Watch Your Economic Calendar

These days, many spread betters rely on technical analysis as a means for implementing new trade ideas.  But even in cases where a trader will base entry and exit levels on this approach, it is a good idea to at least remain cognizant of when market-moving economic events are likely to occur.  This can help you to avoid setting positions during time of increased volatility and erratic changes in the underlying market trend.  One of the best strategies here is to consistently watch an economic calendar, as this is the best indication of the times when the market is likely to be jolted by new information.

 

Stock Events

 

Each asset class is most closely associated with a certain set of economic events that are most relevant.  For spread betters that are trading individual stocks, releases seen during the corporate earnings season are most likely to move asset prices and influence your open positions.  In most cases, traders will be watching for the earnings per share that is associated with the stock.  This is one of the best indicators of the overall strength or weakness of a company, and the final results are usually compared to the original expectations.  When a company improves on those expectations, stock values usually rise.  When a company disappoints on those expectations, stock values usually fall.

 

Of course, not all stock situations are created equal and there will be many cases where different information seen in an earnings report will be more impactful than the per share earnings figure.  But these numbers are generally what grab the financial news headlines and lead to major changes in valuations if the results are significantly above or below the original expectations.

 

Commodities Events

 

Commodities markets are different in that they are not tied to the fate of a particular company.  Instead, influential commodities events tend to be more simplistic and focus instead on reports highlighting supply and demand levels.  For example, the US Energy Information Administration (EIA) releases a weekly stockpile report that highlights the oil storage levels that are seen in the world’s largest energy consumer.  Releases that show unexpected increases in oil supplies tend to create selloffs in oil prices (and often in the stock prices for oil companies).  Releases that show unexpected decreases in oil supplies tend to create rallies in oil prices (and can help support values oil company stocks).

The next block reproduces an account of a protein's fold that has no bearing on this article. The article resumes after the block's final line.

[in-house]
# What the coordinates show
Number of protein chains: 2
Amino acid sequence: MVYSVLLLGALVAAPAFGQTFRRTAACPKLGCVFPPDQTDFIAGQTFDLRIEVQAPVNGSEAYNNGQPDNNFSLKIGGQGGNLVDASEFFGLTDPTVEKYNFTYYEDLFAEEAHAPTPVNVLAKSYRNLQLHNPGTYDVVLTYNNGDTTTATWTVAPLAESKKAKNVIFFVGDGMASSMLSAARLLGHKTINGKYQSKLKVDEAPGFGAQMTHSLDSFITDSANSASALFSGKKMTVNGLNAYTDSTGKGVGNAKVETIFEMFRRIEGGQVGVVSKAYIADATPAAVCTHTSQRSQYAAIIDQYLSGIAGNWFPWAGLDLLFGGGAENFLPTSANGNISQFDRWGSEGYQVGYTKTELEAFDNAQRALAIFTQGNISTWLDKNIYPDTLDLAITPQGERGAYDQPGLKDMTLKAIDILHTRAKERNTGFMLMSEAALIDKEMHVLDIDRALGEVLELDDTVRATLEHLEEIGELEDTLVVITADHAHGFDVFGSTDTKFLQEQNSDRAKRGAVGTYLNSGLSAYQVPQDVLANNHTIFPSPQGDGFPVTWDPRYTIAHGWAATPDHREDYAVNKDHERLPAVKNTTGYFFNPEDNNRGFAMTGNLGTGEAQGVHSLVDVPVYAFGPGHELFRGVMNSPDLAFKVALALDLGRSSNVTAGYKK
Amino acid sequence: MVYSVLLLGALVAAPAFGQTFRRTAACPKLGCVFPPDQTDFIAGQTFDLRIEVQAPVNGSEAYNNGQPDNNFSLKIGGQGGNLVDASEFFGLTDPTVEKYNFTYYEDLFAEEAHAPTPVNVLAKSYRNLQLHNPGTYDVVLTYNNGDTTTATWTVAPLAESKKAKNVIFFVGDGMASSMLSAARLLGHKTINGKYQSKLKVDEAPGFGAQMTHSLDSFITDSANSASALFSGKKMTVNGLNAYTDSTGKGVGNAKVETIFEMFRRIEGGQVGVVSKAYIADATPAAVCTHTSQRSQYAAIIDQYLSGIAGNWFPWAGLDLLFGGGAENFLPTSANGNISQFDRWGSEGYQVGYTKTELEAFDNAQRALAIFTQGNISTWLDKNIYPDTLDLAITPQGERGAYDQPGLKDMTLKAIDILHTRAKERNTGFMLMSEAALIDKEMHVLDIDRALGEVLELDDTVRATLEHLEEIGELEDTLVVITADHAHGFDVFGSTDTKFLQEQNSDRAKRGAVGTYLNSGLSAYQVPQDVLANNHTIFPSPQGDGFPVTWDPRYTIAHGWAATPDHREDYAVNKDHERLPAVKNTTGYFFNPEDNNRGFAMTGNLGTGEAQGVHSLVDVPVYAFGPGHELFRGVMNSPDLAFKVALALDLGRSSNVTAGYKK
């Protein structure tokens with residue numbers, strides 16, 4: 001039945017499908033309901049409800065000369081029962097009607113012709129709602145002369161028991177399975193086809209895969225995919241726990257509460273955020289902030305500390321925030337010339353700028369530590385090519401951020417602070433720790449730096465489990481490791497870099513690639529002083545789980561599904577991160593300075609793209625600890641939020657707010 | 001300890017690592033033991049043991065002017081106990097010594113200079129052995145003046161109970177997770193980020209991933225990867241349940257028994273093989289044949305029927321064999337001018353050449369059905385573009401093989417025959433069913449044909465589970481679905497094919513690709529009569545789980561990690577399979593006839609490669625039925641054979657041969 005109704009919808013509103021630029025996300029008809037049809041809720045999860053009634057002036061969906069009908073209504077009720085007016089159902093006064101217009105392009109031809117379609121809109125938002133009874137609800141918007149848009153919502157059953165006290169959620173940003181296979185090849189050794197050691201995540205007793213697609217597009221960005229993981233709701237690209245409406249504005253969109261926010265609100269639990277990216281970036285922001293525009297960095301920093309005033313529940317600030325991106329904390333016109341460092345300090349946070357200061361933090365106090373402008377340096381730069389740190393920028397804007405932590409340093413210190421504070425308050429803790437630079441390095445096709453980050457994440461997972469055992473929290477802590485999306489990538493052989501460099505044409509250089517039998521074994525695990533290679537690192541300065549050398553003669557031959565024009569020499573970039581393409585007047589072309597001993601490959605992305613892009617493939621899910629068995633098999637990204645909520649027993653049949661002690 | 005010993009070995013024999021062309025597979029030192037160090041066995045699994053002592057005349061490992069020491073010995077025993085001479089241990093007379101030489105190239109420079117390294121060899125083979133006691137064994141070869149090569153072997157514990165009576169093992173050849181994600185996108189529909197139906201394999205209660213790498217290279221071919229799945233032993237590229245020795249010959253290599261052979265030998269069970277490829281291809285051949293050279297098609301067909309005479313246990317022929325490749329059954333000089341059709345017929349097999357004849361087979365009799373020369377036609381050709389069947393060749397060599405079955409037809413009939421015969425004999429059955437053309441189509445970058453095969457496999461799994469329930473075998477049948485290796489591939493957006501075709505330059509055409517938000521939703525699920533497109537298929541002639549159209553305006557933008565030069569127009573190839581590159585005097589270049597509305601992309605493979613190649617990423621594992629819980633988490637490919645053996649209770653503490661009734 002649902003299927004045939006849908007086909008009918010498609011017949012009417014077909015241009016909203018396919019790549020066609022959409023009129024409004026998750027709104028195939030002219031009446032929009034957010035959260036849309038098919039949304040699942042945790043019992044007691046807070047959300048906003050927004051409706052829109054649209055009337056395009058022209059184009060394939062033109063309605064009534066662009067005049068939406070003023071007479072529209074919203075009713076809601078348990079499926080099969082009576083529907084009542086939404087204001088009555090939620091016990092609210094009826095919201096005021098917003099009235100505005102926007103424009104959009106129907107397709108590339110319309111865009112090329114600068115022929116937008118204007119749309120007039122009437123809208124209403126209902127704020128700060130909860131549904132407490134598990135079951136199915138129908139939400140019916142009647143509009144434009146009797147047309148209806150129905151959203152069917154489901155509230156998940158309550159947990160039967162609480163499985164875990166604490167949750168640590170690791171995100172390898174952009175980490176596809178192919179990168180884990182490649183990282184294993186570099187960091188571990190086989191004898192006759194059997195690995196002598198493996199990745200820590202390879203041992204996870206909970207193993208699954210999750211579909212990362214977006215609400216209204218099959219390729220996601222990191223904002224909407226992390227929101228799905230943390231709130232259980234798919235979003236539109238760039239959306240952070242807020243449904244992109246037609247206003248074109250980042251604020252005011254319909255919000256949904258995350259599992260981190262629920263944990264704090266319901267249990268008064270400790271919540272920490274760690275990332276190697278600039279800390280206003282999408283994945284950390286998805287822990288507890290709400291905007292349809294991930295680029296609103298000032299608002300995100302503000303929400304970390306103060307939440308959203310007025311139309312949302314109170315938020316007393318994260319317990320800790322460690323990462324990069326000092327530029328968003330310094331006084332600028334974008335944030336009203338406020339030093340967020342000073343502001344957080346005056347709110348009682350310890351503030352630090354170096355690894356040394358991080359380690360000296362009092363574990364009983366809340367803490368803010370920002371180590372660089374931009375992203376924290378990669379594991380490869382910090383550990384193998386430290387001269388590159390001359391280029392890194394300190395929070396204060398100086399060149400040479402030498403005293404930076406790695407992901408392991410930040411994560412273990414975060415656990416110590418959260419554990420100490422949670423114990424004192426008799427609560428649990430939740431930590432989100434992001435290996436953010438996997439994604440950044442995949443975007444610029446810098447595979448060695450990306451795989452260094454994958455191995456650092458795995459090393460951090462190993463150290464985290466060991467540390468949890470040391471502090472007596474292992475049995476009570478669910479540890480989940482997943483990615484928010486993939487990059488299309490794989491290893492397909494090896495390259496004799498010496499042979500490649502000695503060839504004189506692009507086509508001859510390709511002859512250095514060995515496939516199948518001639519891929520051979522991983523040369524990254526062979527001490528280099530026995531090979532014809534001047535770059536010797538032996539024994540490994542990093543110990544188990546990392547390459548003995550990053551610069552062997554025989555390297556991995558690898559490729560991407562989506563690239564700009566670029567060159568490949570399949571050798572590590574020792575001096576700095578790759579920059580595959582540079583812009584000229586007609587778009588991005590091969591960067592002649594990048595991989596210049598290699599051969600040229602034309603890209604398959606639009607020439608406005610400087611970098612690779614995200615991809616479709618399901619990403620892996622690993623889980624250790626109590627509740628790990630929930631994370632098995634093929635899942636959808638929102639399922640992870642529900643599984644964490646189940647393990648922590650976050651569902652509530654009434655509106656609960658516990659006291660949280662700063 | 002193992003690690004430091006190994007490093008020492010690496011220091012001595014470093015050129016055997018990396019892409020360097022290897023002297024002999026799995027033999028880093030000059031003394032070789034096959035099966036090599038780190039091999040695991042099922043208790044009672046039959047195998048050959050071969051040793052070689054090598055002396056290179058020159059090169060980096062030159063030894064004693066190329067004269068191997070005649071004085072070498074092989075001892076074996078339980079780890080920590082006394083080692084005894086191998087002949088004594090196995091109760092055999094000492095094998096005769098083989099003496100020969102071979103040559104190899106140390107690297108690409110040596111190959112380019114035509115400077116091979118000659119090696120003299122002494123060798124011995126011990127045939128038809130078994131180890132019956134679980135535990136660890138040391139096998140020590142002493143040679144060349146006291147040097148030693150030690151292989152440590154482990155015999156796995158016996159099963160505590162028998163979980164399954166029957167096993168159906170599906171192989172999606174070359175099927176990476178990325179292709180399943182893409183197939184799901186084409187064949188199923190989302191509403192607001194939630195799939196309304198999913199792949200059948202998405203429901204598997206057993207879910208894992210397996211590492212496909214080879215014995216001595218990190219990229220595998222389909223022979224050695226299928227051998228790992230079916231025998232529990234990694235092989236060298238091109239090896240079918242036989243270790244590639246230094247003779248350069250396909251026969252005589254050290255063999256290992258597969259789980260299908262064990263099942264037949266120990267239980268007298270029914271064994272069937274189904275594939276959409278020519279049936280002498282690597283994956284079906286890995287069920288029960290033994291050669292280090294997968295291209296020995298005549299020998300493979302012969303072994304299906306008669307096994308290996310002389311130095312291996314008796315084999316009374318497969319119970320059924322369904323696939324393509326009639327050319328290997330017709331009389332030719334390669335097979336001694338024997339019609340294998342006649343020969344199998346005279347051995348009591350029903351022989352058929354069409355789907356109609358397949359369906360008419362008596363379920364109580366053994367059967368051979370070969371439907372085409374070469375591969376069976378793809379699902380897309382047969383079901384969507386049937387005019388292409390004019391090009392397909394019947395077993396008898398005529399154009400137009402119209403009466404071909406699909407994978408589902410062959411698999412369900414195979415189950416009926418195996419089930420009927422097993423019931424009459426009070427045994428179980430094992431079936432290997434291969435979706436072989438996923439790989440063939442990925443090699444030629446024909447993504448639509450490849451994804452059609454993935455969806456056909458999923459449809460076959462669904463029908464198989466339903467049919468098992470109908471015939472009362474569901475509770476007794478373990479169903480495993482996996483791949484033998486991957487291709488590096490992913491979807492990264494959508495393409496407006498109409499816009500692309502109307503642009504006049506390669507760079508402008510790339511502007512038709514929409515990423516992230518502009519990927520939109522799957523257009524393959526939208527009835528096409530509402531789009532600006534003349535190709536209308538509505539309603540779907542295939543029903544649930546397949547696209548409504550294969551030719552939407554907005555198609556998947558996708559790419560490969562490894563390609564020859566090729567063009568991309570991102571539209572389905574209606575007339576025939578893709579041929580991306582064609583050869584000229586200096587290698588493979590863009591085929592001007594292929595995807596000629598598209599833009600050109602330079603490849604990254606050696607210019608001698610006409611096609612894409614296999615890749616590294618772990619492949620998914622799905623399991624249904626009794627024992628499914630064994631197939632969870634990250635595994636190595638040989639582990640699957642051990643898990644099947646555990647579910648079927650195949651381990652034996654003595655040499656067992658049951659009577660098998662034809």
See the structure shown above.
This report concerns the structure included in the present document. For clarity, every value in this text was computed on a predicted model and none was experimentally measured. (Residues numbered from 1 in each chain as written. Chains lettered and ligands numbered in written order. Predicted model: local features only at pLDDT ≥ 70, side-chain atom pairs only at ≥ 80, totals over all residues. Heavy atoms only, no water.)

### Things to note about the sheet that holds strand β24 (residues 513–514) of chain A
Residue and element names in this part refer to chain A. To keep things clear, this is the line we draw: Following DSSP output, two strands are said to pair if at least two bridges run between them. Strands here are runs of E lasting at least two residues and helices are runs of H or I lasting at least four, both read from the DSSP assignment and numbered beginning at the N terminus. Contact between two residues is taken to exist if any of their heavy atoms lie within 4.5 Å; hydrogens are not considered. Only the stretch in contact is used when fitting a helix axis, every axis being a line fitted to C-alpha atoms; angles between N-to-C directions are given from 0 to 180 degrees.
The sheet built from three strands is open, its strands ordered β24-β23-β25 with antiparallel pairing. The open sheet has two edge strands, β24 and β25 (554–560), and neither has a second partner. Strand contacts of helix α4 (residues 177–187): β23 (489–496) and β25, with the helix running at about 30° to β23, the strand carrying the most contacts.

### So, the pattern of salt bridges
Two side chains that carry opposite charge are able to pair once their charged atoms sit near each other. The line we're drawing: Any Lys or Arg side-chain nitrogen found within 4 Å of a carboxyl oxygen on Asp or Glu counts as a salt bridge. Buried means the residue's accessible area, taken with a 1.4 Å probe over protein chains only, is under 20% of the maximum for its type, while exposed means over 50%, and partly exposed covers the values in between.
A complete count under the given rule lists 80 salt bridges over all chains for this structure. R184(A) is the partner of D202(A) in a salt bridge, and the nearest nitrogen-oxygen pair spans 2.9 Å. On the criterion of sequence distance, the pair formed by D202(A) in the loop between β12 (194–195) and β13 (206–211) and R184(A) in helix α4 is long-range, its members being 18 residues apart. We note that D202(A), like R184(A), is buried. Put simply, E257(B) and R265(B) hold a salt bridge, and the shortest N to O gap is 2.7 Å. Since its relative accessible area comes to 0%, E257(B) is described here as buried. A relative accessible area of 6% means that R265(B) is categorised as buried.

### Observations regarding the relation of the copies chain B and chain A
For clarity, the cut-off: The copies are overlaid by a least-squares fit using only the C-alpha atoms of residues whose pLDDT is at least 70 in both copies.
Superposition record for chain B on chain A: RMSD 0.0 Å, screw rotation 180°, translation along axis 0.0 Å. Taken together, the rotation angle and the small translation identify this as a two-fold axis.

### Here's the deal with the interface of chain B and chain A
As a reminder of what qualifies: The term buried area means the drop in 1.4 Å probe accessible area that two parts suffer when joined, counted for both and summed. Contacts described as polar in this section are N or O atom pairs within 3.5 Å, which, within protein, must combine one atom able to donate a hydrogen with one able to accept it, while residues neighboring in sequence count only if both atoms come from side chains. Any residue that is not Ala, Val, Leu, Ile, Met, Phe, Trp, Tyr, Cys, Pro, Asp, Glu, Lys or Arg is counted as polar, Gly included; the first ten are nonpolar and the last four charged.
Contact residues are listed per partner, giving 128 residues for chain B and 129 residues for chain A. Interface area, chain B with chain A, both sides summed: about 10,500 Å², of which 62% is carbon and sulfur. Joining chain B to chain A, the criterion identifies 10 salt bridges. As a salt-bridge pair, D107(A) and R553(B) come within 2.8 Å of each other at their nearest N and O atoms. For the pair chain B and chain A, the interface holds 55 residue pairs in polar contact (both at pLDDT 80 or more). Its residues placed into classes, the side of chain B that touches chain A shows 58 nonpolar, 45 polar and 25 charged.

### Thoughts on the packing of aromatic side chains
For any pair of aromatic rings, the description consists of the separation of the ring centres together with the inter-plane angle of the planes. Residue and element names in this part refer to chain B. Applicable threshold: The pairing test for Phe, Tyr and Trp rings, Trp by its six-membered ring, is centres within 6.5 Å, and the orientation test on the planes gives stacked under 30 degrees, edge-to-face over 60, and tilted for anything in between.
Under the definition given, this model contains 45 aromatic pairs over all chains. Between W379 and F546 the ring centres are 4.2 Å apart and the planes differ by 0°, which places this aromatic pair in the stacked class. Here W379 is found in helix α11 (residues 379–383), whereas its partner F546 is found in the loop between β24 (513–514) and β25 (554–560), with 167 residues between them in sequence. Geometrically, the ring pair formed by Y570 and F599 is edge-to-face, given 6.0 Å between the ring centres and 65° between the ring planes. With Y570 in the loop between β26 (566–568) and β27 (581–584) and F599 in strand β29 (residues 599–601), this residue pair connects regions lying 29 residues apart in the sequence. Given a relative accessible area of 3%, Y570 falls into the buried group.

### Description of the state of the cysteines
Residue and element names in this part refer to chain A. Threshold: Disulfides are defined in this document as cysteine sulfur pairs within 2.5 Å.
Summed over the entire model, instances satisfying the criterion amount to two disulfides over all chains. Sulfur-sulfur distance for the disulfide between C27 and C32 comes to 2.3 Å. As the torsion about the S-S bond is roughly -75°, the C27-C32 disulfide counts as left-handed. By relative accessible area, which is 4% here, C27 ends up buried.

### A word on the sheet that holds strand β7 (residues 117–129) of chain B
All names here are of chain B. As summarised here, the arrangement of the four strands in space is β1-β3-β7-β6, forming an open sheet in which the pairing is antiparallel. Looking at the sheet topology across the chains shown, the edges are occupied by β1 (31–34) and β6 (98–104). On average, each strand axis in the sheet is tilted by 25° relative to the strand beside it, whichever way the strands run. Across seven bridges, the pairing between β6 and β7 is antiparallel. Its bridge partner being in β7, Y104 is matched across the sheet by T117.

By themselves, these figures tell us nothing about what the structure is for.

Forex Events

 

In forex markets, most of the market moving releases stem from the macroeconomic data released by countries.  Key examples here include GDP, employment, inflation, and manufacturing reports.  In most cases, spread betters in forex will use this information to start constructing expectations for interest rates in a given currency.  Interest rates are important because higher interest rates give spread betters better yield rewards for holding long positions in the currency.  So for example, if the Bank of England releases a report that shows higher than expected quarterly inflation, many traders will start to buy the British Pound (GBP) in anticipation of higher interest rate returns in long positions. 

 

Central Bank Events

 

Central bank events tend to be the most important events on any economic calendar, and can influence all asset classes.   This can happen in different ways, however, so it is important to know how your asset class is like to behave if a central bank decides to raise or lower their benchmark interest rate.  For example, let’s say a central bank surprises market and raises interest rates.  What is likely to happen in stocks, commodities, and forex?

 

As a general rule, higher interest rates are negative for stocks and commodities.  This is because higher interest rates make it more difficult to buy items on credit (hurting stocks) and reduce demand for commodities materials (hurting commodities prices).  Conversely, higher interest rates usually mean that the country’s currency value will rally.  This is because investors will be rewarded with higher interest rate yield for holding long positions in that currency.  When a central bank decreases interest rates, the reverse is likely to occur (rallies in stocks and currencies, and declines seen in the associated currency).